Saturday, August 1, 2015
Well, it's still not that great. The federal government did not treat them well, but a white population that didn't even have those nominal rules holding them back probably made things worse before they got better. Ironically, however, the isolation of these reservations (and their lack of urbanization) meant Native Americans were probably not hit as hard as other minorities in the U.S.
In the eastern half of the continent, it's likely Native American ethnicities and cultures have been pretty much absorbed, except for perhaps a few pockets in New York, Florida, Michigan, and especially Wisconsin. The overlay of a map of American reservations and the populations shows northern Wisconsin and Minnesota are isolated from most of the frontier communities. The populations aren't going to be sizable, but most of them are the size of regular villages in the present day anyways.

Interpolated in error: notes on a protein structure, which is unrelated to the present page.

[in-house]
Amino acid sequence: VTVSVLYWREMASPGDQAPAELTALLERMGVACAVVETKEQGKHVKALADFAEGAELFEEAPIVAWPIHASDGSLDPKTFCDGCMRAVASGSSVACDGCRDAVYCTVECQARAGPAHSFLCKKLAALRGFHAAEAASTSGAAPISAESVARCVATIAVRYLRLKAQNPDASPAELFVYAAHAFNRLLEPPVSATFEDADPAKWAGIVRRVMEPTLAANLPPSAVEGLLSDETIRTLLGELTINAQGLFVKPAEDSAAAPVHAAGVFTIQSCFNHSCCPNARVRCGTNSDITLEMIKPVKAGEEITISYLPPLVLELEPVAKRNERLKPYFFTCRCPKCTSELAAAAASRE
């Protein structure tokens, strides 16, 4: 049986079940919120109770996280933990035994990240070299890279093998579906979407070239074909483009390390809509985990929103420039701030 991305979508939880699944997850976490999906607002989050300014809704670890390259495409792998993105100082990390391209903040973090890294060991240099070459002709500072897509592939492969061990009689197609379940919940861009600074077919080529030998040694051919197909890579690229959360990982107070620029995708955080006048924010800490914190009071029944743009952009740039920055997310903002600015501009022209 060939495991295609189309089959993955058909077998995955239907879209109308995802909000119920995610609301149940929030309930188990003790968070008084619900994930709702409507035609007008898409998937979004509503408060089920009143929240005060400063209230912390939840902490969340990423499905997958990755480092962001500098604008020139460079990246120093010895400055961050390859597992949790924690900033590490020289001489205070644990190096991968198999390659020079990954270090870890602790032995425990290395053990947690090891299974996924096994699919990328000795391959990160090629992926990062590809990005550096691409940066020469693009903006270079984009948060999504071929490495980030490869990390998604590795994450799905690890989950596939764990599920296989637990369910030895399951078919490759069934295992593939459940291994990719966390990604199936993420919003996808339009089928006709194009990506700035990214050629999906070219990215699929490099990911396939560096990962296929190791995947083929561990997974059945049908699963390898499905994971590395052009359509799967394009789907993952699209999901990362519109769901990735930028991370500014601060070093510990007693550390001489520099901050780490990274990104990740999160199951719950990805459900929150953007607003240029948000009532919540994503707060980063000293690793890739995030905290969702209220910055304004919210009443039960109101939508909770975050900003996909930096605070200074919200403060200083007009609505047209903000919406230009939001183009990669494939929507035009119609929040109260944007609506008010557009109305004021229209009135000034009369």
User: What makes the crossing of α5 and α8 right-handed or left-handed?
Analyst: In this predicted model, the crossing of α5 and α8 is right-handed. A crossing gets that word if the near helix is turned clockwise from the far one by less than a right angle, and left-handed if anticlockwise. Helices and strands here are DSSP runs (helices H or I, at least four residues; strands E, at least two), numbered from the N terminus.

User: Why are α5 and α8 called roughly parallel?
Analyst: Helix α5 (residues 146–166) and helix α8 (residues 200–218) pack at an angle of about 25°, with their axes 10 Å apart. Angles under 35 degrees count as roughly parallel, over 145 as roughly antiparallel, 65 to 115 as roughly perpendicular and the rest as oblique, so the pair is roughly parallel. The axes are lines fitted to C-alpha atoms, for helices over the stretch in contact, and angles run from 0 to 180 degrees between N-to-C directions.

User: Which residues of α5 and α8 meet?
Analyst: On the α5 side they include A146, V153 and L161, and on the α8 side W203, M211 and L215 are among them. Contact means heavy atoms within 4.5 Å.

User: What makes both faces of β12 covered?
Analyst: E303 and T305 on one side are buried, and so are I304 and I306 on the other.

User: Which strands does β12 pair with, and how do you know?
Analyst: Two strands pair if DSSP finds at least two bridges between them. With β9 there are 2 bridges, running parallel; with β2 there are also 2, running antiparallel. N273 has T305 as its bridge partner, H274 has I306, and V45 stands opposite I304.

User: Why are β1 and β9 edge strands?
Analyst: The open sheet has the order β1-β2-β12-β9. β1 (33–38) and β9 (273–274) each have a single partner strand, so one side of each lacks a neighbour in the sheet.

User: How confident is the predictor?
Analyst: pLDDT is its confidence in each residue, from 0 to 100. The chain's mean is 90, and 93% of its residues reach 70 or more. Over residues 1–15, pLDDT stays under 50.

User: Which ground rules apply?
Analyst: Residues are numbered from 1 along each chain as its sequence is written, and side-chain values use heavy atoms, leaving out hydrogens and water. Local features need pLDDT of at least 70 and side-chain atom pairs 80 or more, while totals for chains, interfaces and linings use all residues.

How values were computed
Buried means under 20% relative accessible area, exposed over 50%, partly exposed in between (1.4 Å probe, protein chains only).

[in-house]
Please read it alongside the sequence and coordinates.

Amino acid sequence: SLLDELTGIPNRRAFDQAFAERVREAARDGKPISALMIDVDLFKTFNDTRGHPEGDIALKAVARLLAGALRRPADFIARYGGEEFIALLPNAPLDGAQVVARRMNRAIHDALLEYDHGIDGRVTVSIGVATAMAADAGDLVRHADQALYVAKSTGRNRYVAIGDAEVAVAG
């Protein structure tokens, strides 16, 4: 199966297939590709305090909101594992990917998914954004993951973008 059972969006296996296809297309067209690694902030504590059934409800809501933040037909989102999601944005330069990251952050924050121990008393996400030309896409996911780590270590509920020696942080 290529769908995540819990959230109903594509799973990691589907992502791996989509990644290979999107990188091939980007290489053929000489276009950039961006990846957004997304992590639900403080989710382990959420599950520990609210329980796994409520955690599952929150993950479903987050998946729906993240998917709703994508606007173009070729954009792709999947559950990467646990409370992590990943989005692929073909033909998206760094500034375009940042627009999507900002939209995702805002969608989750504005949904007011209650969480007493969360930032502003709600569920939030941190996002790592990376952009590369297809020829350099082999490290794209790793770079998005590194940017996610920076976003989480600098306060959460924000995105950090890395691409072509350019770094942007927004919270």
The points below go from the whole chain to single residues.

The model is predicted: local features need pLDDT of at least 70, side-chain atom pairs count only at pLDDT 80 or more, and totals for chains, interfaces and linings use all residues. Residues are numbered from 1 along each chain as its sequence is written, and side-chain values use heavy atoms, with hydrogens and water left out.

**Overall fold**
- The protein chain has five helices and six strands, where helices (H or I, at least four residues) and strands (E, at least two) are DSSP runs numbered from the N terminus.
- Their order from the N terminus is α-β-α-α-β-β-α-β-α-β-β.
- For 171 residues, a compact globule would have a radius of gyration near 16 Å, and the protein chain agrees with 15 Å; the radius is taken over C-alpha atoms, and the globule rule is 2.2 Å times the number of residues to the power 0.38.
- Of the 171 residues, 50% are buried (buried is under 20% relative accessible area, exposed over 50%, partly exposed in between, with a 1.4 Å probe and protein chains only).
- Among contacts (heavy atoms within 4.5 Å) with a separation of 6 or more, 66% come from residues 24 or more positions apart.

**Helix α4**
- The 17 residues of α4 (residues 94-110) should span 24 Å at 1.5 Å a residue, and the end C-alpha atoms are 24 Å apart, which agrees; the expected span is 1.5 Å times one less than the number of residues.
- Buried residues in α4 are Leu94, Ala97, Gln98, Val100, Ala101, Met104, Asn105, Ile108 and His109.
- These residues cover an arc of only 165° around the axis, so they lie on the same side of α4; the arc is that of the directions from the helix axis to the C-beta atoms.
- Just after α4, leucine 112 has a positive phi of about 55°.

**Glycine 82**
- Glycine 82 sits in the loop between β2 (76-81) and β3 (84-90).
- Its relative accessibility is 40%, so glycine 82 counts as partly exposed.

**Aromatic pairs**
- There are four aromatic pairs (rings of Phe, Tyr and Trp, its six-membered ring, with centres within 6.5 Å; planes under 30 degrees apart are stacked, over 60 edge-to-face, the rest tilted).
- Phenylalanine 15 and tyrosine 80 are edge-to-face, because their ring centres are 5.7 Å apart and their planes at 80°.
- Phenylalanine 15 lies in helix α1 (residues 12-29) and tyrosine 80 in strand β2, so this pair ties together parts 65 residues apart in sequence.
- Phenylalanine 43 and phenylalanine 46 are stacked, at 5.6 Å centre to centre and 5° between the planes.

It's possible the most concentrated area of Native American society is Northwestern Arizona. Today is the location of the Navajo nation, and it may be isolated and yet robust enough to have a thriving native culture in the world of Medieval America. Around 100,000 people live around this area--a third of the population today, a little less than a third in that region today, which is pretty good for the continent and the region in particular. If one were to take the five million or so who identify as natives, that's one and a half million. A third of that would be 500,000, which I think would be the minimum for distinctly and definitively indigenous people. However, their contribution and influence, from both a biological and social influence, would be much, much wider.